Petition goals to save lots of Seattle’s beloved Cinerama as movie show approaches two years since closure
It’s like the worst and longest cliffhanger in Seattle movie history: Will the beloved Cinerama theater ever reopen? When? … Stay tuned. And stay frustrated.
As film lovers emerge from the extended pandemic hibernation that sent them to the couch for nearly two years of small-screen film consumption, a new petition is calling for answers as to when the lights might flicker again at the Cinerama.
The historic movie theater in Seattle’s Belltown neighborhood has been dark since February 2020 when it was temporarily closed for renovations. In May 2020, the news went from bad to worse when the COVID-19 pandemic took hold and the Cinerama closure was extended to the “foreseeable future.”
The theater, which originally opened in 1963, was purchased by the late Microsoft co-founder Paul Allen in 1998. The billionaire sci-fi geek and philanthropist put the place through a state-of-the-art technology upgrade in 2014 and it’s long been considered the go-to spot for stuff you just need to see on a big screen. The chocolate-covered popcorn served in the lobby didn’t hurt to draw people in either.
Vulcan Inc., the Allen company that manages many of his remaining assets and is now run by his sister, Jody Allen, had nothing new to share about the Cinerama when reached by GeekWire on Monday.
“We will let you know when we have an update,” a spokesperson emailed.
The petition on Change.org is titled “Save Seattle Cinerama!” and has attracted almost 2,000 signatures in two weeks. But it should have “a bajillion,” one commenter said.
Calling the theater a Seattle institution, with the city’s “most uniquely great movie theater experience since its inception,” the petition states that it is urgent that the Cinerama be saved.
“By signing this petition you will be calling on 1) Jody Allen, the current head of the Paul Allen Estate (which owns the theater), to invest in this historic theater’s future and get it back up and running; and 2) the Seattle Neighborhoods Department Historic Preservation Program to designate the theater a Seattle Landmark, thereby protecting it from demolition.”
Visitors to the Cinerama website are still greeted by a large “WE’RE CLOSED” message linking to details that were originally shared on May 27, 2020, about how the “COVID-19 crisis has had a devastating effect on many businesses, especially those that rely on public gatherings and special events.” The Cinerama Twitter account hasn’t been updated since July 17, 2020, with a tweet about what theater gift card holders can do to get refunds.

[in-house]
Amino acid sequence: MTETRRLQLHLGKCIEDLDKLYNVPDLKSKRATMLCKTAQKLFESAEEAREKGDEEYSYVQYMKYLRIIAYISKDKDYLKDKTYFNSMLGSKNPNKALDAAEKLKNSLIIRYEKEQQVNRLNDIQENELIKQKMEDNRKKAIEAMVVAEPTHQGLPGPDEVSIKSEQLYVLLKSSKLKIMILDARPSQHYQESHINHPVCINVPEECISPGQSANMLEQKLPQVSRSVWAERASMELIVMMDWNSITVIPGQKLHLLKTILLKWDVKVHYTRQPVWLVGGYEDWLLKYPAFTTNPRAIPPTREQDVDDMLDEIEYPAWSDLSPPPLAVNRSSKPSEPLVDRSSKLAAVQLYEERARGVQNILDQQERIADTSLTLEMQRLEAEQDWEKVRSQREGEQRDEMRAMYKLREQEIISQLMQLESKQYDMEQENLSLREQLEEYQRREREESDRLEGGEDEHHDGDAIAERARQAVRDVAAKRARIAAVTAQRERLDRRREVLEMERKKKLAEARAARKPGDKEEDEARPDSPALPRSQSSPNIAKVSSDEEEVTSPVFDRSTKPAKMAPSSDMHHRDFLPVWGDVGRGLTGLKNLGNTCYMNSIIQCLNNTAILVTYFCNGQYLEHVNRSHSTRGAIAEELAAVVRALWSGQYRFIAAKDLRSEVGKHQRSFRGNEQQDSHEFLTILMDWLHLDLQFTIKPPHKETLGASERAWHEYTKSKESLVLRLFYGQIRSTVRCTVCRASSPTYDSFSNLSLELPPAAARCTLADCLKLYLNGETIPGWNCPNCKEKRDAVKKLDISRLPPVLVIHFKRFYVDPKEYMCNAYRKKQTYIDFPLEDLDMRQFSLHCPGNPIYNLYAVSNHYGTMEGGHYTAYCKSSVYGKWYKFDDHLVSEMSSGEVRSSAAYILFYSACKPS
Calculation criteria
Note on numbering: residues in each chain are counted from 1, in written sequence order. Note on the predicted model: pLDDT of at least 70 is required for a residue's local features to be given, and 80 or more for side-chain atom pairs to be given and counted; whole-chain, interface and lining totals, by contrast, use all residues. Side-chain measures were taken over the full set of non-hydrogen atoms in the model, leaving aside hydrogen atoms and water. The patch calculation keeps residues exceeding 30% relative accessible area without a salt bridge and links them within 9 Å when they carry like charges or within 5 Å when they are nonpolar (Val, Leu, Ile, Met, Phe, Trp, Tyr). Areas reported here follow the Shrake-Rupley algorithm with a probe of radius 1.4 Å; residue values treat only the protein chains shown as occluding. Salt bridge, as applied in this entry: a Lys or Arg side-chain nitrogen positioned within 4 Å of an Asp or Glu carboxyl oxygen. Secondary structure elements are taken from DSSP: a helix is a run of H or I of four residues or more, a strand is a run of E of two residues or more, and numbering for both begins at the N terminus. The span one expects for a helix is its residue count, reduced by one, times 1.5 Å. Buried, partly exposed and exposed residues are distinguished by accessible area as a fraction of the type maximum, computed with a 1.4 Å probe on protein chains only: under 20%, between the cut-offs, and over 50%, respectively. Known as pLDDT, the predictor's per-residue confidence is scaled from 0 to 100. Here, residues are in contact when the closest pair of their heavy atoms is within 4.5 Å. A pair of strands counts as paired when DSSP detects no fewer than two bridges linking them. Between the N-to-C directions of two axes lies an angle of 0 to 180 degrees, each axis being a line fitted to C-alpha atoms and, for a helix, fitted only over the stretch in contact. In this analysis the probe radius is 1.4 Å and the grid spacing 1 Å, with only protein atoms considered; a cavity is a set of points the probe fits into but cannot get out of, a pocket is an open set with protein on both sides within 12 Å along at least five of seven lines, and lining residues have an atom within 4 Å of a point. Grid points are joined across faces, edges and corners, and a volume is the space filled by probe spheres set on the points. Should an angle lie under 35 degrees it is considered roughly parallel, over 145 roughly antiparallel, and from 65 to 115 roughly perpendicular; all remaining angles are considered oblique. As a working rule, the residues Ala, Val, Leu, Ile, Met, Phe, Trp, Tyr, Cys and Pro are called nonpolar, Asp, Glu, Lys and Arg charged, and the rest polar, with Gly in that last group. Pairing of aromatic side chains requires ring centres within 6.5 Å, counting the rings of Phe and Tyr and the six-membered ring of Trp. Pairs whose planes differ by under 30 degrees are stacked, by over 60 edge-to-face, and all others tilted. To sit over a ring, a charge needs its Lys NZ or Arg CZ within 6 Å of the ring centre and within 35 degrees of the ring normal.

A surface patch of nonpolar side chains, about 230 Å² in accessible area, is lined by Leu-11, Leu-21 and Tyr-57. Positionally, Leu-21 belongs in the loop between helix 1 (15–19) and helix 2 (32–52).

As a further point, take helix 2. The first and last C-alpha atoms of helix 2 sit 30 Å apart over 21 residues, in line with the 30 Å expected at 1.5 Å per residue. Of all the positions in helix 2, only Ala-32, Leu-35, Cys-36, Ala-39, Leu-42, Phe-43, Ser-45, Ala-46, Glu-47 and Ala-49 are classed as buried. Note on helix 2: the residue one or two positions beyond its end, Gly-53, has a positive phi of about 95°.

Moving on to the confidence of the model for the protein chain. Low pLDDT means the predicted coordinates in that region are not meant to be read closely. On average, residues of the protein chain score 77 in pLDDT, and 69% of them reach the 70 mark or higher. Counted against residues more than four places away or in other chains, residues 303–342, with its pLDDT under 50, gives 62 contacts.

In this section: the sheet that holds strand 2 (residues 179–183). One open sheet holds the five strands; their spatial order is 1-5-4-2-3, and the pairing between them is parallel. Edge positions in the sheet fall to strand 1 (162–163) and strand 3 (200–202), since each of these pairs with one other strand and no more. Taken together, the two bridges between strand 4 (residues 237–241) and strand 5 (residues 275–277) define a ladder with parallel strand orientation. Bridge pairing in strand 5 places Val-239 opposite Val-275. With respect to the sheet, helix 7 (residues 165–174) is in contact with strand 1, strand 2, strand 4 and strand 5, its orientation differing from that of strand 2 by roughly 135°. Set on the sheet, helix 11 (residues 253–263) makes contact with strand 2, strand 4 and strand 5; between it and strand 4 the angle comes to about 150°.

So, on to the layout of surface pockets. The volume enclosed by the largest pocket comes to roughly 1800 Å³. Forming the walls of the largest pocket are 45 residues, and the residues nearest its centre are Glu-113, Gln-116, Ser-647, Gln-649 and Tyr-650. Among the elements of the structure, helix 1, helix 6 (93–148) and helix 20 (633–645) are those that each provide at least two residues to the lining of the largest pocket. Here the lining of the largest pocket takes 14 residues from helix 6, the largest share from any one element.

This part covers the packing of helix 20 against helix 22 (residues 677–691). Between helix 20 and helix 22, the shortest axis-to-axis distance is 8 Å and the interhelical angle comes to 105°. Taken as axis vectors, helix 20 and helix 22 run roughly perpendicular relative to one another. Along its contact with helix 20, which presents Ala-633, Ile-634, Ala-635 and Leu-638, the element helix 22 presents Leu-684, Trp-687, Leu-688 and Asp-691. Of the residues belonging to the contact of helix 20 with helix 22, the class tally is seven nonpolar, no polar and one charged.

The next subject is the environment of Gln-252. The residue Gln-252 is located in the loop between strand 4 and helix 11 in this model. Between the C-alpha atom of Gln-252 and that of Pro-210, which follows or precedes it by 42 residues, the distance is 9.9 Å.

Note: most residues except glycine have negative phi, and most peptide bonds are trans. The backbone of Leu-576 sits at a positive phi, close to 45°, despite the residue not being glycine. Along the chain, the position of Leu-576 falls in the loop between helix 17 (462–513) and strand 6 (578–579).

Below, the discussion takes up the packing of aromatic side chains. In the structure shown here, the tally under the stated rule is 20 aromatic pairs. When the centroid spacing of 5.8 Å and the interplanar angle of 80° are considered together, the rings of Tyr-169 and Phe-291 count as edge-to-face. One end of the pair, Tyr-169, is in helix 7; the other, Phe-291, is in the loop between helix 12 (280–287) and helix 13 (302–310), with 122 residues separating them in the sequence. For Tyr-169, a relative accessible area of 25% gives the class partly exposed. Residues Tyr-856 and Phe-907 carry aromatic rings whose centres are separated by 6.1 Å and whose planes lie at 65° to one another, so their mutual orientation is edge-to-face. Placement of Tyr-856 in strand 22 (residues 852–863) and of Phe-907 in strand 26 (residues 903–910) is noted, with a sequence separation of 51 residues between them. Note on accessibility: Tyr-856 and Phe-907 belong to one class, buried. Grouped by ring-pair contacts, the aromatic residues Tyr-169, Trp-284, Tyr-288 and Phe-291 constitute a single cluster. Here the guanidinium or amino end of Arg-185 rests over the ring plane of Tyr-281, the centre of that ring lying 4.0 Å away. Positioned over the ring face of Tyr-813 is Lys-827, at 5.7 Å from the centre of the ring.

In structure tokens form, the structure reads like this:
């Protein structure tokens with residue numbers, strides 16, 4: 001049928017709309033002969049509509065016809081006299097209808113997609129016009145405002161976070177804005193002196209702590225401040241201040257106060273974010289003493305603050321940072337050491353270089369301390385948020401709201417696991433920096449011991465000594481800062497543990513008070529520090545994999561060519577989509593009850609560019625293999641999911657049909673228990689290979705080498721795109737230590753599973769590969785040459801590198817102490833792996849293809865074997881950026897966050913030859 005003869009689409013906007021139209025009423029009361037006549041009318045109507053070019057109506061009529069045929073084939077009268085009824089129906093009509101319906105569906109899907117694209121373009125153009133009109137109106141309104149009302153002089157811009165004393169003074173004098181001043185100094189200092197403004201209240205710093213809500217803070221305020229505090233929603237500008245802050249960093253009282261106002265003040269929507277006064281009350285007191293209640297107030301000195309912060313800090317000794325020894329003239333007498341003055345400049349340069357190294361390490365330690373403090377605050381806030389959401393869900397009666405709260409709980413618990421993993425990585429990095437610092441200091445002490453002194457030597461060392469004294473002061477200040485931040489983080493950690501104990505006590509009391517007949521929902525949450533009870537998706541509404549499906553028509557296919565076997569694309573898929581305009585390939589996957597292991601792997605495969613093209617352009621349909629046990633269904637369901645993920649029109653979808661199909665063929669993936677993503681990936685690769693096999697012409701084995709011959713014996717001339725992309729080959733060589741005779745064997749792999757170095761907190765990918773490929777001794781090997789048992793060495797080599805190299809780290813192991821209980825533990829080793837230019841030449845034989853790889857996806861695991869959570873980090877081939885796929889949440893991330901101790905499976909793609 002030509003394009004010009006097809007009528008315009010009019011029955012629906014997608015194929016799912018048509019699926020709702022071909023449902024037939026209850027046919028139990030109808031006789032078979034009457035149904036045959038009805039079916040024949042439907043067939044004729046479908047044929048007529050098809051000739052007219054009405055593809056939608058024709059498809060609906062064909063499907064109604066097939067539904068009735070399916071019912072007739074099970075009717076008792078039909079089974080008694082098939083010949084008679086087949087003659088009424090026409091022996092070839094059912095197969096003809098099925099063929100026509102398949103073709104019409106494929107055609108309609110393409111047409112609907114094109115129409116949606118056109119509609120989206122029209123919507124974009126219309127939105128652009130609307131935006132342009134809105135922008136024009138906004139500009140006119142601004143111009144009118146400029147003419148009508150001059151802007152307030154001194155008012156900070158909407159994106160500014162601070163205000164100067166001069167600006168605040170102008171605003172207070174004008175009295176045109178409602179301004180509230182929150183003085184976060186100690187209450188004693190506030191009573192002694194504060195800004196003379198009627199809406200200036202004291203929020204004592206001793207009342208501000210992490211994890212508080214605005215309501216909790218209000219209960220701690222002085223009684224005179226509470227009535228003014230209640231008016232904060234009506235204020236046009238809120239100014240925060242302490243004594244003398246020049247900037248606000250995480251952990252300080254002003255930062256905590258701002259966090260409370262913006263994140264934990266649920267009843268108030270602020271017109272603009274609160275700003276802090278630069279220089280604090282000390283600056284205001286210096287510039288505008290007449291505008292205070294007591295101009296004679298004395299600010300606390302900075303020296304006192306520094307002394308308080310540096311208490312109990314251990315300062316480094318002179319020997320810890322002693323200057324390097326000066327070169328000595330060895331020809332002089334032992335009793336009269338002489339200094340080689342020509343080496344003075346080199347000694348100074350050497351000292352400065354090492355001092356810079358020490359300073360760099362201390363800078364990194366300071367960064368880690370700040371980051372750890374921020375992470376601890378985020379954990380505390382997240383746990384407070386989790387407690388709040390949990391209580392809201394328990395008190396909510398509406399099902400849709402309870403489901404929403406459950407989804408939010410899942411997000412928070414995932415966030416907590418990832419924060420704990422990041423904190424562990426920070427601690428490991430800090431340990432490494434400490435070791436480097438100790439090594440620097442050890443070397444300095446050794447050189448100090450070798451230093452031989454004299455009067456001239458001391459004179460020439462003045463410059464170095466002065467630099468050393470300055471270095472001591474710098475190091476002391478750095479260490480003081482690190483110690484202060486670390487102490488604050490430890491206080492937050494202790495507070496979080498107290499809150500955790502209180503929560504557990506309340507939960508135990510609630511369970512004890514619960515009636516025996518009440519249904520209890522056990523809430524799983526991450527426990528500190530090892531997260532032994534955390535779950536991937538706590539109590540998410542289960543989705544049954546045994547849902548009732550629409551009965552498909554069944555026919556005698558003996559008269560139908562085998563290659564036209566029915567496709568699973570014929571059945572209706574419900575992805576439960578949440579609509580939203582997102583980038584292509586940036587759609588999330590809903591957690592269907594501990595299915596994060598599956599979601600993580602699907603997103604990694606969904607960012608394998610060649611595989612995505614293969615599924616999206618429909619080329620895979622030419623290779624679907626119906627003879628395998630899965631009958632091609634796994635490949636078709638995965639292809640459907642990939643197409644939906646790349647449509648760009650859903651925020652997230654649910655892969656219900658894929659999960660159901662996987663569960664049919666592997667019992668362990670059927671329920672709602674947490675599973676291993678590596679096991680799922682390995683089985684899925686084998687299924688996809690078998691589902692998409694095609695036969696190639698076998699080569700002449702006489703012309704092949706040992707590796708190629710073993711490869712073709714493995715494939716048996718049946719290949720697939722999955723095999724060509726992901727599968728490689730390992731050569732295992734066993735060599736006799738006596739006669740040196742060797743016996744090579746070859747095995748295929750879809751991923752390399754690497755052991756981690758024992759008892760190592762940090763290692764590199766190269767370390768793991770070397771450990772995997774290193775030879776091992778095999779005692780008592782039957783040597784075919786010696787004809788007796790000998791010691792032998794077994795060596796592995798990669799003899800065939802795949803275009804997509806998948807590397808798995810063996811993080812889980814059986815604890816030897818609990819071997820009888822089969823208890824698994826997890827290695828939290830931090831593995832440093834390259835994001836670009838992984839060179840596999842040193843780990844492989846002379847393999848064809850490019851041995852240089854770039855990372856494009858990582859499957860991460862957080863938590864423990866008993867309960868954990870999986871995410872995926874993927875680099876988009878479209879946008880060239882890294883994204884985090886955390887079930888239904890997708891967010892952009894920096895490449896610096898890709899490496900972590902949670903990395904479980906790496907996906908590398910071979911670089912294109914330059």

The closure in February 2020 was intended for renovations to address normal wear and tear throughout the building, replacing carpet and so forth. And an overhaul of the kitchen was planned to enable the theater to expand on its food offerings, Vulcan said at the time. But a number of employees lost their jobs and questions swirled even before the pandemic about whether the Cinerama was ever coming back.
With its giant curved screen, reclining red seats and ceiling dotted with star-like lights, the landmark movie house is a technological leader in film projection and sound, thanks to Paul Allen. If Vulcan doesn’t reopen the theater, film fans in the city have wondered for almost two years who will step in.
Amazon, with its worldwide headquarters just a couple blocks away, has been floated as a potential savior. The tech giant already runs its Prime Video streaming service and buys and makes film and TV content through Amazon Studios. And then in May it dropped $8.5 billion to acquire the longtime Hollywood studio MGM — keepers of the James Bond franchise.
The latest Bond film “No Time to Die” is among the big blockbusters drawing people out of their homes and back to theaters this fall. “Dune,” “Eternals” and “Venom: Let There Be Carnage” are among the other titles leading to a domestic box office resurgence as people get more comfortable gathering in public again.
For those who signed the petition to save the Cinerama, a sampling of comments provided more incentive for Vulcan to reopen, or for any would-be buyer:
- “The Cinerama is the best place to see a film in the city, and has a coveted place in Seattle’s history and heart.”
- “I desperately miss Cinerama. I loved going there. The huge screen, the chocolate popcorn, the stars on the ceiling – all perfection. I would go back all the time if it reopened.”
- “Cinerama is critical to Seattle’s unity as a city as we exit the pandemic. It needs more investment as a cultural landmark, not a looming axe over its head!”
- “My favorite theater ever. Without question, it needs to be saved.”
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